No. 582
Crime, Eccentricity, and the Sporting Life in 19th Century America.
November 26, 2022

Dropping Their Disguise.

How a loving bridal couple were suddenly transformed into a brace of absconding counterfeiters.
June 18, 2013
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 "The Witches' Cove," Follower of Jan MandijnThings are a bit hectic around here.  The Strange Company HQ staffers are busy dealing with Thanksgiving leftovers.Wikipedia strikes again!Gustave, serial-killer crocodile.A living room becomes a family history art project.Pro tip: If you want it to look like suicide, don't shoot your victim six times.How you can communicate with your cats.  Not that
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Strange Company - 11/25/2022
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Thanksgiving in early 20th century New York City wasn’t just celebrated in private homes and expensive hotel restaurants. Institutions of all kinds across Gotham also honored the holiday with their own commemorative dinners. Hospitals, facilities for the poor, sick, and aged, and even city prisons served up a special Thanksgiving meal—usually along with speeches by […]
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Ephemeral New York - 11/21/2022
Wishing you a happy and bountiful Thanksgiving Day! Lizzie is thankful for turkey and all the trimmings – and no mutton broth in sight!
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Lizzie Borden: Warps and Wefts - 11/22/2022
On this date in 2002, Pakistani Mir Aimal Kansi, Kasi, or Qazi was executed by lethal injection in Virginia, U.S.A. “Real angry with the policy of the U.S. government in the Middle East, particularly toward the Palestinian people,”* Qazi on January 25, 1993 revenged himself on Central Intelligence Agency commuters queued for a left turn […]
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Executed Today - 11/14/2022
Mary Barrows, of Kittery Maine, told the coroner that her husband, Thomas, had committed suicide. The coroner was faced with two immediate mysteries; if Thomas Barrows had committed suicide, why did he wound himself five times before firing the shot to the head that killed him? And how had he shot himself six times with the five-barrel revolver found near the body? Mary Barrows and her son-in-law
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Murder By Gaslight - 11/19/2022
Shell and Pea Game on the Trail"Sketched from life by M. W. Newberry"San Francisco ChronicleApril 10, 1898(Click image to enlarge)    UNKO MEN AND THEIR TRICKS      A wonderfully detailed description of the modus operandi of Soapy Smith's three shell and pea manipulators along the Chilkoot and White Pass trails. Witnessed and reported by Joseph D. Barry, and published in the San Francisco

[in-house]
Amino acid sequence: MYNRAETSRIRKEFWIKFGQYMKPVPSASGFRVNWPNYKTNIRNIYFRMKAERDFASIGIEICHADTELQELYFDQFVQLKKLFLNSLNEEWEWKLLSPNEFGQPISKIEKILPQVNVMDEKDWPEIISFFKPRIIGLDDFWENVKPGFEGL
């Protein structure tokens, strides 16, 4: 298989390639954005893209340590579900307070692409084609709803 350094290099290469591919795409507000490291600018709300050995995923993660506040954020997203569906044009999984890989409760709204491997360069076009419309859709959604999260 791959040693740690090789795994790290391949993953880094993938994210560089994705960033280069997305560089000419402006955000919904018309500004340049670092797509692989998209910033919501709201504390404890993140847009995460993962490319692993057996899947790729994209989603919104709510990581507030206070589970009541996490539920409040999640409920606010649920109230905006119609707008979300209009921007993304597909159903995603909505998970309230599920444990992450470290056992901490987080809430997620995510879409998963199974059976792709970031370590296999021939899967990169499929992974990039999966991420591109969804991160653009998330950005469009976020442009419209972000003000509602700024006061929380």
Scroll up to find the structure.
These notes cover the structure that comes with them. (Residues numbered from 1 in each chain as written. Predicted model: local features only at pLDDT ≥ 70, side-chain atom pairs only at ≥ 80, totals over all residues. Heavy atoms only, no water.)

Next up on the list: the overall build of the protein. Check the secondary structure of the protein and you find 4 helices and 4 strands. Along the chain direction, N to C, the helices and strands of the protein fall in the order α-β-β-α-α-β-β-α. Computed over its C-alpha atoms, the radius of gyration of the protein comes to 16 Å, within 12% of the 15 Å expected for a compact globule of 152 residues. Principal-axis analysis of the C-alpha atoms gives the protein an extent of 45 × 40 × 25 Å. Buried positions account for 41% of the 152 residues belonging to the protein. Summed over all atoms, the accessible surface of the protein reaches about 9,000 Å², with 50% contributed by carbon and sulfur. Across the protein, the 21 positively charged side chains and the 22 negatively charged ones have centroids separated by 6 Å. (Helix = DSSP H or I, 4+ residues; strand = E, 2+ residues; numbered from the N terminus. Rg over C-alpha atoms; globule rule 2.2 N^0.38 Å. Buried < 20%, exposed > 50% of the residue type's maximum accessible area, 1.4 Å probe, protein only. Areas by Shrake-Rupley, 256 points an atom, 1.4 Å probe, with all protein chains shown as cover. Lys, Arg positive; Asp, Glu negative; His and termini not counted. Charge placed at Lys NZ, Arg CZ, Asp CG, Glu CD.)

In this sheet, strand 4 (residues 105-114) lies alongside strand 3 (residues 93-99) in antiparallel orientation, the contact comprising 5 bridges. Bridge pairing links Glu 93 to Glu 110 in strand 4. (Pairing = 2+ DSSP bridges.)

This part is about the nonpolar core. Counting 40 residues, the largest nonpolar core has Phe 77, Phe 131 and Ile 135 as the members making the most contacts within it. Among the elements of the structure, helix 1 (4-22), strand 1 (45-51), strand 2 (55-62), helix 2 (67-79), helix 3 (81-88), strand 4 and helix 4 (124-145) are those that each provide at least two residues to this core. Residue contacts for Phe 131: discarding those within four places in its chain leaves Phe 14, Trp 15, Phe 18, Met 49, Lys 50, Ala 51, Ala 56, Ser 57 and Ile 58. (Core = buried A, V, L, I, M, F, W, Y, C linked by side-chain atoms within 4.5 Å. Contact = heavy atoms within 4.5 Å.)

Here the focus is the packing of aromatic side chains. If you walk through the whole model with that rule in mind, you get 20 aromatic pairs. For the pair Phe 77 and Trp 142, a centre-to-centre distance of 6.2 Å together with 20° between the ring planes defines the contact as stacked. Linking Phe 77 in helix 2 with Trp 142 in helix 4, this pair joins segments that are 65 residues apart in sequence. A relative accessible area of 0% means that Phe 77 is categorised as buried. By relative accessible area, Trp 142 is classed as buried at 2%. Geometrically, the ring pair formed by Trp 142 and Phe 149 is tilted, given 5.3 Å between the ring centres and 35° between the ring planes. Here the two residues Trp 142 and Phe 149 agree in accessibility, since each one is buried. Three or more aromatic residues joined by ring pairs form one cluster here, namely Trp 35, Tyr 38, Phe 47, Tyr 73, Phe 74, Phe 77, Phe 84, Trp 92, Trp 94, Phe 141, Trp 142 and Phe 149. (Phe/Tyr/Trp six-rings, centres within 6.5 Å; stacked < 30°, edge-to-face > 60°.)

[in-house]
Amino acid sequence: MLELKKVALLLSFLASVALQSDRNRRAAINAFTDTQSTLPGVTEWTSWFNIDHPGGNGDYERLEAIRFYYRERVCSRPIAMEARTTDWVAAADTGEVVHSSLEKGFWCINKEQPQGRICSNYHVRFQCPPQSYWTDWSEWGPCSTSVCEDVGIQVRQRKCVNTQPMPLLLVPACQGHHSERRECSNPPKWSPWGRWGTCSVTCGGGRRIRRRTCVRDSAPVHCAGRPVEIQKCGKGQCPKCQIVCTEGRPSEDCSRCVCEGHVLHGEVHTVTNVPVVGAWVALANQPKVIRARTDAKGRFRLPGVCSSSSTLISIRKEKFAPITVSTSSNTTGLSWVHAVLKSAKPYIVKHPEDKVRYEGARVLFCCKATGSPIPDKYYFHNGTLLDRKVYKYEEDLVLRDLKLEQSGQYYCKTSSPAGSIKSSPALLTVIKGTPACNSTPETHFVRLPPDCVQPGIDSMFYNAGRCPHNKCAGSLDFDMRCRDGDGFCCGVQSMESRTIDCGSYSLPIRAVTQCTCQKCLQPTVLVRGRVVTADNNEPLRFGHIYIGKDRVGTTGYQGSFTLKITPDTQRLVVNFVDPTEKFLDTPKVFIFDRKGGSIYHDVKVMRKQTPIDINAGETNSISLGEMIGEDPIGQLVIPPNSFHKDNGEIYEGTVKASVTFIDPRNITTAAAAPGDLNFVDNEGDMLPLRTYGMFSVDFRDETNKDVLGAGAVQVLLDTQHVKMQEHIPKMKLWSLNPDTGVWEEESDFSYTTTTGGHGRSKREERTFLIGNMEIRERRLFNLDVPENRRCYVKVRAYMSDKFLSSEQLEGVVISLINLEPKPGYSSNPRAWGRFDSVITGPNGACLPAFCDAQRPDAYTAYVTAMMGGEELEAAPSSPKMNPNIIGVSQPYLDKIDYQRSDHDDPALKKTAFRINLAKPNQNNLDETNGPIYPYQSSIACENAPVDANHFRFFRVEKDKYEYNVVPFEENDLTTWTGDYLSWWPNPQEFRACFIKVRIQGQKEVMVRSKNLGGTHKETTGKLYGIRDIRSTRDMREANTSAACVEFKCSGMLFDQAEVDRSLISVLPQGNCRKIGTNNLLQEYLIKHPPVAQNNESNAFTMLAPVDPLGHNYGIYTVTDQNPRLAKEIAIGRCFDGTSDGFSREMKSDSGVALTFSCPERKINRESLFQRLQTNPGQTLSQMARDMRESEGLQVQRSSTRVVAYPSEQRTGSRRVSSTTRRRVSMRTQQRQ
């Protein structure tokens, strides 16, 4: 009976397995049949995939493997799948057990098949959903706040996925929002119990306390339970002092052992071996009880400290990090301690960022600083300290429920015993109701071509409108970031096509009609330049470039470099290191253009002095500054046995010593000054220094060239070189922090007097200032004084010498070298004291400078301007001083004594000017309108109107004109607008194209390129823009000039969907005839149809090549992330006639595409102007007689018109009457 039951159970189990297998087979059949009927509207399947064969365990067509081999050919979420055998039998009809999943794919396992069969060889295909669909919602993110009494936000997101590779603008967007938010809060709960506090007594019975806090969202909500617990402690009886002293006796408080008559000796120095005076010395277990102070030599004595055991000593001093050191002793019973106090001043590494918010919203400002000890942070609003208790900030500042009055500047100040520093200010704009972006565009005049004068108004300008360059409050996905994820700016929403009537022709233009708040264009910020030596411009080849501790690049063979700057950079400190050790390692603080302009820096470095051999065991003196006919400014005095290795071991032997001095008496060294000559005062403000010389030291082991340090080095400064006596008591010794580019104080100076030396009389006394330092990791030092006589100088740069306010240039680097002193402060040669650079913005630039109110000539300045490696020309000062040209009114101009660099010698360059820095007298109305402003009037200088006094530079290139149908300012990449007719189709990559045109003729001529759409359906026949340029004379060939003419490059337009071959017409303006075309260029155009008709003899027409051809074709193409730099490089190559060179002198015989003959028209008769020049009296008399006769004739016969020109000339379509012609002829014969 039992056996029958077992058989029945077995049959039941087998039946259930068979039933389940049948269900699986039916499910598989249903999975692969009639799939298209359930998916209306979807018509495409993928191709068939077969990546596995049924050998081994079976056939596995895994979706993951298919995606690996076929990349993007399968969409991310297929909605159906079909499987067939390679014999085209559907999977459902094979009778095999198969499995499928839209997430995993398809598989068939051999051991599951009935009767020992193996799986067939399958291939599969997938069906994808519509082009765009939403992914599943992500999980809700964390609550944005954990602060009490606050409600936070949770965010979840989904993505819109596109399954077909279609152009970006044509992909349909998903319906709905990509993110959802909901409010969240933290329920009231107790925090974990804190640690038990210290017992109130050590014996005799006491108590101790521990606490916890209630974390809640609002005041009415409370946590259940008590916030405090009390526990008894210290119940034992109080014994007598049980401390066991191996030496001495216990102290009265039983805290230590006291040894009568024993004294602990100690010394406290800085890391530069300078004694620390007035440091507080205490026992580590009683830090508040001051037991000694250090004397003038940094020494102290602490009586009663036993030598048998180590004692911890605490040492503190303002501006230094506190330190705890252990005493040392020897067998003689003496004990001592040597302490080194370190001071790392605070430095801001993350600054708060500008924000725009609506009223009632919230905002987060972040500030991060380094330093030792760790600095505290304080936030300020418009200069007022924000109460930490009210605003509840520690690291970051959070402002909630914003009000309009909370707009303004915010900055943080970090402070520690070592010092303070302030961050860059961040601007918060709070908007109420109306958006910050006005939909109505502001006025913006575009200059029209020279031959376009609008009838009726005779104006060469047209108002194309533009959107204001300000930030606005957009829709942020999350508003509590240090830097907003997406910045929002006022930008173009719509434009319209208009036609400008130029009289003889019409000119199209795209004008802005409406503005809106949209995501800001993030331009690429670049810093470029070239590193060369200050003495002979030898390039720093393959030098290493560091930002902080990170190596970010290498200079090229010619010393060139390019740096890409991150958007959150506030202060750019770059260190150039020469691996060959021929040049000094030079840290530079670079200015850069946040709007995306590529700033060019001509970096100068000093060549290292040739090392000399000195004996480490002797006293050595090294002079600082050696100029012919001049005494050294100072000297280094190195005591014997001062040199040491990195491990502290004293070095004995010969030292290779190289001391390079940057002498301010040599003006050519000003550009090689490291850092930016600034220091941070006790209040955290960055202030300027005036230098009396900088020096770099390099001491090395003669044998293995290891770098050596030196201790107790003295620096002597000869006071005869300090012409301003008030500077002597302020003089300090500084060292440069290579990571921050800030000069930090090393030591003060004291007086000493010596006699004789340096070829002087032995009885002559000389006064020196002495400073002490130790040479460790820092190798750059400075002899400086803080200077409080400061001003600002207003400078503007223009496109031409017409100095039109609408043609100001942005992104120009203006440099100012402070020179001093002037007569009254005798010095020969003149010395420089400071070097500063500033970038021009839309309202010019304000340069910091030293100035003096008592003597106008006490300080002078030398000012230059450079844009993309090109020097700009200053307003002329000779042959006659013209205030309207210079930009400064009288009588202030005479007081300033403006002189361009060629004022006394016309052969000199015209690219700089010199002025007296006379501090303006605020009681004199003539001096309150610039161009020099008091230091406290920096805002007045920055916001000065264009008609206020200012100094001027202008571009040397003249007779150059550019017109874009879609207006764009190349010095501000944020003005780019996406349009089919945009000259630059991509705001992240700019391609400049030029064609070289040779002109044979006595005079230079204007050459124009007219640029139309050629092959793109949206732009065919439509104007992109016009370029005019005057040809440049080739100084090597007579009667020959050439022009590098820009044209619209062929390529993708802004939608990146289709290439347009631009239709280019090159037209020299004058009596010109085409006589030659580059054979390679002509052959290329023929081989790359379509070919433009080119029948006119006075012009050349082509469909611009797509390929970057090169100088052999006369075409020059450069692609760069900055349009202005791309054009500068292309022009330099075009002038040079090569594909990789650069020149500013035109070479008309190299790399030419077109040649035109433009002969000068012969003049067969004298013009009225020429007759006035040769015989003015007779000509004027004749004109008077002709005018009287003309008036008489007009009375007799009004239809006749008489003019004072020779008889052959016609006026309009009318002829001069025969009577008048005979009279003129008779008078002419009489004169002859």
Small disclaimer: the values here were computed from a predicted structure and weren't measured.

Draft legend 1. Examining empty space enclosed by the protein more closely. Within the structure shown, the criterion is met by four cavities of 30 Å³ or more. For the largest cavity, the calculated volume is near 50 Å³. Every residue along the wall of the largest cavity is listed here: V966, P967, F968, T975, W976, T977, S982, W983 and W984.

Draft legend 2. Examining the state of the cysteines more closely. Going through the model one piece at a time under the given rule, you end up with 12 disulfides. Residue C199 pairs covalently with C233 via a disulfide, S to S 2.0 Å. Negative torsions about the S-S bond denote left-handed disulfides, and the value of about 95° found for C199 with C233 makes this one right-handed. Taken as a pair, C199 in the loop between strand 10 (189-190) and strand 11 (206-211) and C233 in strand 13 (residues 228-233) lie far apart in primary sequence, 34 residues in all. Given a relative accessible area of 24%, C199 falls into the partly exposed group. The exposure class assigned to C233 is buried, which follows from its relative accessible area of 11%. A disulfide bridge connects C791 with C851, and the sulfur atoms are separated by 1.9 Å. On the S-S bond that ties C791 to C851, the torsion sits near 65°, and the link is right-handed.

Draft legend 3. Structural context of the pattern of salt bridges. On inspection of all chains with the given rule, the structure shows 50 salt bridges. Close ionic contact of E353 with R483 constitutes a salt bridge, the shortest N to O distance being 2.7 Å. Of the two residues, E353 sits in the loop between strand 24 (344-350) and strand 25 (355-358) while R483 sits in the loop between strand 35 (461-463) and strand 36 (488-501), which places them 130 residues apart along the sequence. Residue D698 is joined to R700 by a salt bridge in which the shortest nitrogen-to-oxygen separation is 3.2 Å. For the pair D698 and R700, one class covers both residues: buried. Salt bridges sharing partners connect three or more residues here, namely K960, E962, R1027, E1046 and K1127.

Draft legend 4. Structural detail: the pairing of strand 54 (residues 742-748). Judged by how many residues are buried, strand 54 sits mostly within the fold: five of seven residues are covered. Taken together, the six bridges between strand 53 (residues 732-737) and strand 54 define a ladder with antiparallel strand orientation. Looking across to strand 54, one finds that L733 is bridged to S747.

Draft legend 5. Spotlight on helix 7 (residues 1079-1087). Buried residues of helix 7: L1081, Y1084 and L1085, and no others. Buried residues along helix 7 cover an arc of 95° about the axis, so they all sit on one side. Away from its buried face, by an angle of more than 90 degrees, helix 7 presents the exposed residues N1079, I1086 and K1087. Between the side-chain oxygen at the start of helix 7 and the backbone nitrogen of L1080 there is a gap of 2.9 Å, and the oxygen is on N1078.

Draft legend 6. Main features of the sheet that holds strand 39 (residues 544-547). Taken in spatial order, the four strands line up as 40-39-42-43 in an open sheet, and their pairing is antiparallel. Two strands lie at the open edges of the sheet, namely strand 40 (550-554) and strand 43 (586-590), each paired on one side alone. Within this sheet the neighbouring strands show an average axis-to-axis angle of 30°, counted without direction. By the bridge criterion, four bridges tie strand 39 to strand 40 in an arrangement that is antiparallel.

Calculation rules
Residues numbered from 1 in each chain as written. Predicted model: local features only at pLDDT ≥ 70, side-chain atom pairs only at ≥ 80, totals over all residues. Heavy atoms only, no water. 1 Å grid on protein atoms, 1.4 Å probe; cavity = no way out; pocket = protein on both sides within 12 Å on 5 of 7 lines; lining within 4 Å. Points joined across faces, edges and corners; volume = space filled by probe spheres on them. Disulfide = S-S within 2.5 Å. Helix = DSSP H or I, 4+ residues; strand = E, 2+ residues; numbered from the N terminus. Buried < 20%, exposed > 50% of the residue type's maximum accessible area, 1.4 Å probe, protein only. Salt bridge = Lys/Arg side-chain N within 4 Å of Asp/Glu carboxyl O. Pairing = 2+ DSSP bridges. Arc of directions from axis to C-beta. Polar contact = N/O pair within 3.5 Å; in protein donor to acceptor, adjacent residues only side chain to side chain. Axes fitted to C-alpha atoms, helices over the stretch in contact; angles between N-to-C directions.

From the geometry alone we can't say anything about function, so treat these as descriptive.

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Soapy Smith's Soap Box - 11/21/2022
An article I recently wrote for the British online magazine, New Politic, is now available online. The article, “The Criminal Origins of the United States of America,” is about British convict transportation to America, which took place between the years 1718 and 1775, and is the subject of my book, Bound with an Iron Chain: […]
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Early American Crime - 12/17/2021
A Rattling Main. | A Woman Gambler in Nevada.

Dropping Their Disguise.

Dropping Their DisguiseHow a loving bridal couple were suddenly transformed into a brace of absconding counterfeiters after crossing the border between the United States and Canada, on the A. & G. W. R. R. 

“We’re in Canada now, Mike; I’m going to take of these togs."

This was the remark made by an apparently youthful bride to her companion, a well dressed young bridegroom on his wedding tour.

They were seated in one of the parlor cars on the Atlantic and Great Western railroad, and the train had just passed the boundary line that separates the land where the stars and stripes float supreme and the territory where flaps the crimson ensign of England.

The pair had attracted much attention all the way from Lockport, being very loving and billing and cooing like turtle doves. The rather peculiar expression alluded to above attracted still more attention, and the passengers were somewhat surprised to see the blushing bride disrobe herself, take off a jaunty hat and blonde wig and disclose an underdress of male clothing. Her companion also divested himself of a mustache and a wig. The metamorphosis showed up the travelers in their true light. . They were two counterfeiters escaping from the land of the brave and the home of the free, where things had got too hot for them.


Reprinted from The National Police Gazette, November 19, 1883.